Literary Translator Studies

Editors
| University of Vienna
| University of Vienna
| University of Vienna
HardboundAvailable
ISBN 9789027208163 | EUR 99.00 | USD 149.00
 
e-Book
ISBN 9789027260277 | EUR 99.00 | USD 149.00
 
This volume extends and deepens our understanding of Translator Studies by charting new territory in terms of theory, methods and concepts. The focus is on literary translators, their roles, identities, and personalities. The book introduces pertinent translator-centered approaches in four sections: historical-biographical studies, social-scientific and process-oriented methods, and approaches that use paratexts or translations to study literary translators. Drawing on a variety of concepts, such as identity, role, self, posture, habitus, and voice, the various chapters showcase forgotten literary translators and shed new light on some well-known figures; they examine literary translators not as functioning units but as human beings in their uniqueness. Literary Translator Studies as a subdiscipline of Translation Studies demonstrates how exploring the cultural, social, psychological, and cognitive facets of translatorial subjects contributes to a holistic understanding of translation.
[Benjamins Translation Library, 156]  2021.  vii, 313 pp.
Publishing status: Available
Table of Contents
(Literary) Translator Studies: Shaping the field
Klaus Kaindl
1–38
Part 1. Biographical and bibliographical avenues
Chapter 1. Literary detection in the archives: Revealing Jeanne Heywood (1856–1909)
Mary Bardet
41–54
Chapter 2. George Egerton and Eleanor Marx as mediators of Scandinavian literature
Sabine Strümper-Krobb
55–72
Chapter 3. Translator biographies as a contribution to Translator Studies: Case studies from nineteenth-century Galicia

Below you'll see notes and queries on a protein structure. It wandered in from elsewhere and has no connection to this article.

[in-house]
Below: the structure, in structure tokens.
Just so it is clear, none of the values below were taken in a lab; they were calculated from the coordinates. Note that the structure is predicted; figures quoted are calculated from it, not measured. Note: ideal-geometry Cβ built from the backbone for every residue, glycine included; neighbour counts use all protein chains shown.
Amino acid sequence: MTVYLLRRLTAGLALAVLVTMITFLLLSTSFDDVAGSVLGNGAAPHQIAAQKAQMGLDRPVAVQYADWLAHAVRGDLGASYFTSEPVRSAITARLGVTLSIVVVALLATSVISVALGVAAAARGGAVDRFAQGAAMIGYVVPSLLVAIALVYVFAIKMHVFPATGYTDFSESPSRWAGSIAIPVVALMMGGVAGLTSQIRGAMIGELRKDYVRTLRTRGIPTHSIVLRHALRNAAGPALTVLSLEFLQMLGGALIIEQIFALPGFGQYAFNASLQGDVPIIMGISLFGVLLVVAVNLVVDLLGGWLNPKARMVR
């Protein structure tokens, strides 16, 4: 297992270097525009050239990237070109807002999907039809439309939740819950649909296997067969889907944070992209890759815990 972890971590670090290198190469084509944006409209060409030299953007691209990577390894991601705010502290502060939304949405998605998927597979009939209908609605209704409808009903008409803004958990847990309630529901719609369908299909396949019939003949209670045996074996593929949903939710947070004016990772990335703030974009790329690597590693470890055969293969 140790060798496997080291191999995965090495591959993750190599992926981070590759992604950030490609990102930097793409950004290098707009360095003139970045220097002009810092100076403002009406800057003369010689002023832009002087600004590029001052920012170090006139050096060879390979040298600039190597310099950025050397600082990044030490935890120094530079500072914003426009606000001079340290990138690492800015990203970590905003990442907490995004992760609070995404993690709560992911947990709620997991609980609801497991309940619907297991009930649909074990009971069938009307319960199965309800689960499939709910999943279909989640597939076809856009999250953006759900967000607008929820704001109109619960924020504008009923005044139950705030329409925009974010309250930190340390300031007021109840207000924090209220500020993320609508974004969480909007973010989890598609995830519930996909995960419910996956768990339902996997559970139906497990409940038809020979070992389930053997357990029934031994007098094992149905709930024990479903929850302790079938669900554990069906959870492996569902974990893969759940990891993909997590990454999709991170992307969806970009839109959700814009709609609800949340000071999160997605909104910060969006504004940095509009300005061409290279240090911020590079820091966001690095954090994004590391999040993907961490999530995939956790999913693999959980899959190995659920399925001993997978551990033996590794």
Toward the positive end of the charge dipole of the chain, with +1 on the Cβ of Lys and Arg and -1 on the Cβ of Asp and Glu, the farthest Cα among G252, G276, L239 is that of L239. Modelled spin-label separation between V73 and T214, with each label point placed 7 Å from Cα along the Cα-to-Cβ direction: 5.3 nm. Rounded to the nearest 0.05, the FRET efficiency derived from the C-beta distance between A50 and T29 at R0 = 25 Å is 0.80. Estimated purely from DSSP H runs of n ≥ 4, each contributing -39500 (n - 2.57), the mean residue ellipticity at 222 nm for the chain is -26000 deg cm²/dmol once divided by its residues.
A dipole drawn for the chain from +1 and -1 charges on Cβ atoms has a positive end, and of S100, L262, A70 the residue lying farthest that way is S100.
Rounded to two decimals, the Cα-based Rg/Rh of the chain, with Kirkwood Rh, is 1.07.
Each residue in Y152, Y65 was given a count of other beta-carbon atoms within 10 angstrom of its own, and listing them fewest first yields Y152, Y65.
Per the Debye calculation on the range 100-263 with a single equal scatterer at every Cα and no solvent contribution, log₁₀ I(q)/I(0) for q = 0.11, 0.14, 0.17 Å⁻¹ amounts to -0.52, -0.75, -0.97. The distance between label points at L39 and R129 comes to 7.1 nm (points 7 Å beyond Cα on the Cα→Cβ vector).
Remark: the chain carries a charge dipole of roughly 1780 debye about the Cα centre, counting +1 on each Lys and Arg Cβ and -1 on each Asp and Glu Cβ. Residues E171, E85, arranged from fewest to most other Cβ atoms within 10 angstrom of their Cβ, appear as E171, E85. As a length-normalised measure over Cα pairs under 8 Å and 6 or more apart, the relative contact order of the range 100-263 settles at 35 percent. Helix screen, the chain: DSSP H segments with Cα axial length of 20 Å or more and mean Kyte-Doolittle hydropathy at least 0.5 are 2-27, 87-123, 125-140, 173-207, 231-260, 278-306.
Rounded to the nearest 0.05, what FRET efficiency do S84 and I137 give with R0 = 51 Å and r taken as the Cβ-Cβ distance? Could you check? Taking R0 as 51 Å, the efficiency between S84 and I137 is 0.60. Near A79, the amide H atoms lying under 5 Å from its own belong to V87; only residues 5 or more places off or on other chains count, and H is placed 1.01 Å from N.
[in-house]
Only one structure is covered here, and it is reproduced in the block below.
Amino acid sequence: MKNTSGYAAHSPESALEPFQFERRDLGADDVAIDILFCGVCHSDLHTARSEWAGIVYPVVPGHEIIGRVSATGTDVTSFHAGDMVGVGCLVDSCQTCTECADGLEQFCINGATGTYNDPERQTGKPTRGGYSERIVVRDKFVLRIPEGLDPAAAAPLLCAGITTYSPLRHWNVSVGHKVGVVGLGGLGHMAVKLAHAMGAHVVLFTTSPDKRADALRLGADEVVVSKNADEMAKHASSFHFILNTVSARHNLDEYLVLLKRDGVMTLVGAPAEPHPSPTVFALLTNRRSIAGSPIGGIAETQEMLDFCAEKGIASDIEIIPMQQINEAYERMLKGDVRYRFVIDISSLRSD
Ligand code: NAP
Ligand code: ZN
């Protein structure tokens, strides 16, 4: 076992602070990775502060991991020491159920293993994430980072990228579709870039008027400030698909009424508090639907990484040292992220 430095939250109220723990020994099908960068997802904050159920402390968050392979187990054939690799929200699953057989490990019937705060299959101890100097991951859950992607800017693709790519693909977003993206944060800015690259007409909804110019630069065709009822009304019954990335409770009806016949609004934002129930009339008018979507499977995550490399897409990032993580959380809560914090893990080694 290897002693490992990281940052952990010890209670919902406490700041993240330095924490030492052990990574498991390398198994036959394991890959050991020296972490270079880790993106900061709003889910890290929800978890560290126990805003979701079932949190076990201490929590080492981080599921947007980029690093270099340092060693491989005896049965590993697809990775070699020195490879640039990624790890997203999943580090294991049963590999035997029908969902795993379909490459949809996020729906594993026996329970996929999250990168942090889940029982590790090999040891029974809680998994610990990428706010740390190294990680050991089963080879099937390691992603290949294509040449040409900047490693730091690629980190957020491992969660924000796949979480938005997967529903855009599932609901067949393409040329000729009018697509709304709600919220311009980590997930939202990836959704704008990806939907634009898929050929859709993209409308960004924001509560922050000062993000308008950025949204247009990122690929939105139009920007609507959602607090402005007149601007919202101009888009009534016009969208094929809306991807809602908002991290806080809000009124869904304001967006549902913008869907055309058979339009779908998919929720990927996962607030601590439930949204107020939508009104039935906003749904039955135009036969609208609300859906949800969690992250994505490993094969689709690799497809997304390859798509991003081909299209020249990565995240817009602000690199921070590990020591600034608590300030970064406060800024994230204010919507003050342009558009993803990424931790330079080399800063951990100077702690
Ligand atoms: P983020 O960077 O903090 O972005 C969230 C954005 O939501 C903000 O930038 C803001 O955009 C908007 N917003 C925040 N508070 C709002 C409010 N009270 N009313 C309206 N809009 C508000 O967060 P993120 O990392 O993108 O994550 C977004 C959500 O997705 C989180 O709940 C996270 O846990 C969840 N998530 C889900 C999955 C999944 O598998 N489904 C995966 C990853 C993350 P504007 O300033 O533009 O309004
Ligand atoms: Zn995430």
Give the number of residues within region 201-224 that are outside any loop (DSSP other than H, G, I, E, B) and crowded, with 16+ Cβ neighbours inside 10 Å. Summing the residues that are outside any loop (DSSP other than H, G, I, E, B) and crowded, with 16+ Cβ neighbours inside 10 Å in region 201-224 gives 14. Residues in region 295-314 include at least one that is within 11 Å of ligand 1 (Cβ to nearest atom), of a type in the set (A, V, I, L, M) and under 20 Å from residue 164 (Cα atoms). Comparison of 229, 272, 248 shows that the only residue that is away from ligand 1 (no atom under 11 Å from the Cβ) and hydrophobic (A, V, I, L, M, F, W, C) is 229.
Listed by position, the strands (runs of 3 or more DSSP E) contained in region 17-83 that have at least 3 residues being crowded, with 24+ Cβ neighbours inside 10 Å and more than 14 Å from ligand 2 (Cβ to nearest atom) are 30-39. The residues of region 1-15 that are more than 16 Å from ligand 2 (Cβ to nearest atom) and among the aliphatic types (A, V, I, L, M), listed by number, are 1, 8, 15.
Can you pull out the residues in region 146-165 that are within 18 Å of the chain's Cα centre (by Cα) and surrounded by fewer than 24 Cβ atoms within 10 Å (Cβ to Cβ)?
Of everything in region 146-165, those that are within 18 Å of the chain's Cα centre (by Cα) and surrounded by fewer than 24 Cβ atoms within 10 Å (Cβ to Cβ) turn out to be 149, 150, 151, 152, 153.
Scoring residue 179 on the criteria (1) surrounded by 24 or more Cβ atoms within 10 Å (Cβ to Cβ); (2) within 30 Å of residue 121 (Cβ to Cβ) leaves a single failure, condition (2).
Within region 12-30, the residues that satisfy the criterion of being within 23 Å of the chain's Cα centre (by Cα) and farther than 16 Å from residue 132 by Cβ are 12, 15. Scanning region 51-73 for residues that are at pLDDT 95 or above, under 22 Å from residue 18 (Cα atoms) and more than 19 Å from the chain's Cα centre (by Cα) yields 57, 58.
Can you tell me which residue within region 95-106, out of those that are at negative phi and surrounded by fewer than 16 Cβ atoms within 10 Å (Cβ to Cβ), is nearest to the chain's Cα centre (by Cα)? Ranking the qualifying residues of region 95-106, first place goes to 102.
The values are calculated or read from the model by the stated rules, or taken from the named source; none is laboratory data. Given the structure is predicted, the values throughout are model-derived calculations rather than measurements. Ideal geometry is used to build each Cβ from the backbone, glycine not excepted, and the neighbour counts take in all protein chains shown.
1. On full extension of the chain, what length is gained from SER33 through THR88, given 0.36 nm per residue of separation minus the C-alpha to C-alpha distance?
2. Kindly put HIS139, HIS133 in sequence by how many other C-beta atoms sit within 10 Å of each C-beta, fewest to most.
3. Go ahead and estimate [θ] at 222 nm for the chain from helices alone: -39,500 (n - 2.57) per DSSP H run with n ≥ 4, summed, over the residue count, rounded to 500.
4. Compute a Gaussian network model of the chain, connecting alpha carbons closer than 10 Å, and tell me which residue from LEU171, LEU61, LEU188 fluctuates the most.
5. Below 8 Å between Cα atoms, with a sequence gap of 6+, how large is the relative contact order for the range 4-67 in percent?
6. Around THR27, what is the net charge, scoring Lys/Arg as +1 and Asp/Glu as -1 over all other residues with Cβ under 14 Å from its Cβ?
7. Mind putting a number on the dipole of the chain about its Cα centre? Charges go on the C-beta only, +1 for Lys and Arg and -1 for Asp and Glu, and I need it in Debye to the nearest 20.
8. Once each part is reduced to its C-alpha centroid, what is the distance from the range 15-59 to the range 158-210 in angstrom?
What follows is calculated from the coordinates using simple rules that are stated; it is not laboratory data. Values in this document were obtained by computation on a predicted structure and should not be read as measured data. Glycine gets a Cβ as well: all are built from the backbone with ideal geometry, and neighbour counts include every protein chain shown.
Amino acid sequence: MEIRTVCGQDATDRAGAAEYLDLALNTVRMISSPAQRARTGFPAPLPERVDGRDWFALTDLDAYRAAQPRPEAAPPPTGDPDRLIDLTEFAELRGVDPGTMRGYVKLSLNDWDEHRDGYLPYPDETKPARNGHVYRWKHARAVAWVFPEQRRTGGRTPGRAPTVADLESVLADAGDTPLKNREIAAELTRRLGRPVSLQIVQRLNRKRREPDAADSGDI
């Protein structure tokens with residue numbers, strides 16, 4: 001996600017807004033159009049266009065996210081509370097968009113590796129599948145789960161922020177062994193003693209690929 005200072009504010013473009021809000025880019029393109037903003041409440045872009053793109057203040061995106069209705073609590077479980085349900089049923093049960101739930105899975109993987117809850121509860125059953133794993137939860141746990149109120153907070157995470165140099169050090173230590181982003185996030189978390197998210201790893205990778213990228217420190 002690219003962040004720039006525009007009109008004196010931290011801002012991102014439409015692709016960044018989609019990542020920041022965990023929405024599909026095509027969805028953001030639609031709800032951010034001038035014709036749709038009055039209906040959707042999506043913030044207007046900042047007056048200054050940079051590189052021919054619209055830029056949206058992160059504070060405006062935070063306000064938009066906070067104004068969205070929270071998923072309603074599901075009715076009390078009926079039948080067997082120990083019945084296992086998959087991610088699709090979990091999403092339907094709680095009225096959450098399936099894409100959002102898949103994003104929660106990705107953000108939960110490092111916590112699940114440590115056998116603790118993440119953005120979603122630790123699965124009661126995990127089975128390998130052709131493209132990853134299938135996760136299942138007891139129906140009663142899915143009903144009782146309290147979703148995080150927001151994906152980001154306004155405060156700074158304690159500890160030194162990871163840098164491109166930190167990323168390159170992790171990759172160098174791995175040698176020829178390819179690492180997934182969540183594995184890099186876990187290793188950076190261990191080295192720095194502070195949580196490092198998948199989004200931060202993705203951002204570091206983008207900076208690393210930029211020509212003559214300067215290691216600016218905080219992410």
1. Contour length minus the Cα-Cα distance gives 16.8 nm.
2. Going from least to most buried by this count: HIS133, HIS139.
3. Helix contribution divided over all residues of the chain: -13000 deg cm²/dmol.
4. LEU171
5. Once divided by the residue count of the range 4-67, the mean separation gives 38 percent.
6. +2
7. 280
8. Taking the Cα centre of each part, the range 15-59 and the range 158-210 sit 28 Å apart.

Markus Eberharter
73–88
Chapter 4. Staging the literary translator in bibliographic catalogs
Belén Santana López and Críspulo Travieso Rodríguez
89–104
Part 2. Social-scientific and process-oriented approaches
Chapter 5. “Hemingway’s priorities were just different” Self-concepts of literary translators
Waltraud Kolb
107–122
Chapter 6. Investigating literary translators’ translatorship through narrative identity
Anu Heino
123–136
Chapter 7. Institutional consecration of fifteen Swedish translators – ‘star translators’ or not?
Yvonne Lindqvist
137–154
Part 3. Paratexts as door-openers
Chapter 8. The Translator’s Note revisited
Nitsa Ben-Ari
157–182
Chapter 9. Translators of children’s literature and their voice in prefaces and interviews
Anna Fornalczyk-Lipska
183–198
Chapter 10. Translators’ multipositionality, teloi and goals: The case of Harriet Martineau
Daniela Schlager
199–214
Chapter 11. Mediating the female transla(u)t(h)orial posture : Elisabeth Wolff-Bekker
Beatrijs Vanacker
215–232
Part 4. Translations and fictions of translations as gateways
Chapter 12. Traveling translators: Women moving Tolstoy
Michelle Woods
235–248
Chapter 13. The voices of James Stratton Holmes
Elke Brems and Jack McMartin
249–264
Chapter 14. Determining a translator’s attitude: The test case of Wilhelm Adolf Lindau as a translator of Walter Scott’s novels
Susanne Hagemann
265–278
Chapter 15. View from left field: The curious case of Douglas Hofstadter
Andrew Chesterman
279–292
Chapter 16. Dressing up for Halloween: Walking the line between translating and writing
Judith Woodsworth
293–306
Name index
307–308
Subject index
309–313
Subjects & Metadata

Literature & Literary Studies

Theoretical literature & literary studies

Translation & Interpreting Studies

Translation Studies
BIC Subject: CFP – Translation & interpretation
BISAC Subject: LAN023000 – LANGUAGE ARTS & DISCIPLINES / Translating & Interpreting
ONIX Metadata
ONIX 2.1
ONIX 3.0
U.S. Library of Congress Control Number:  2020046042 | Marc record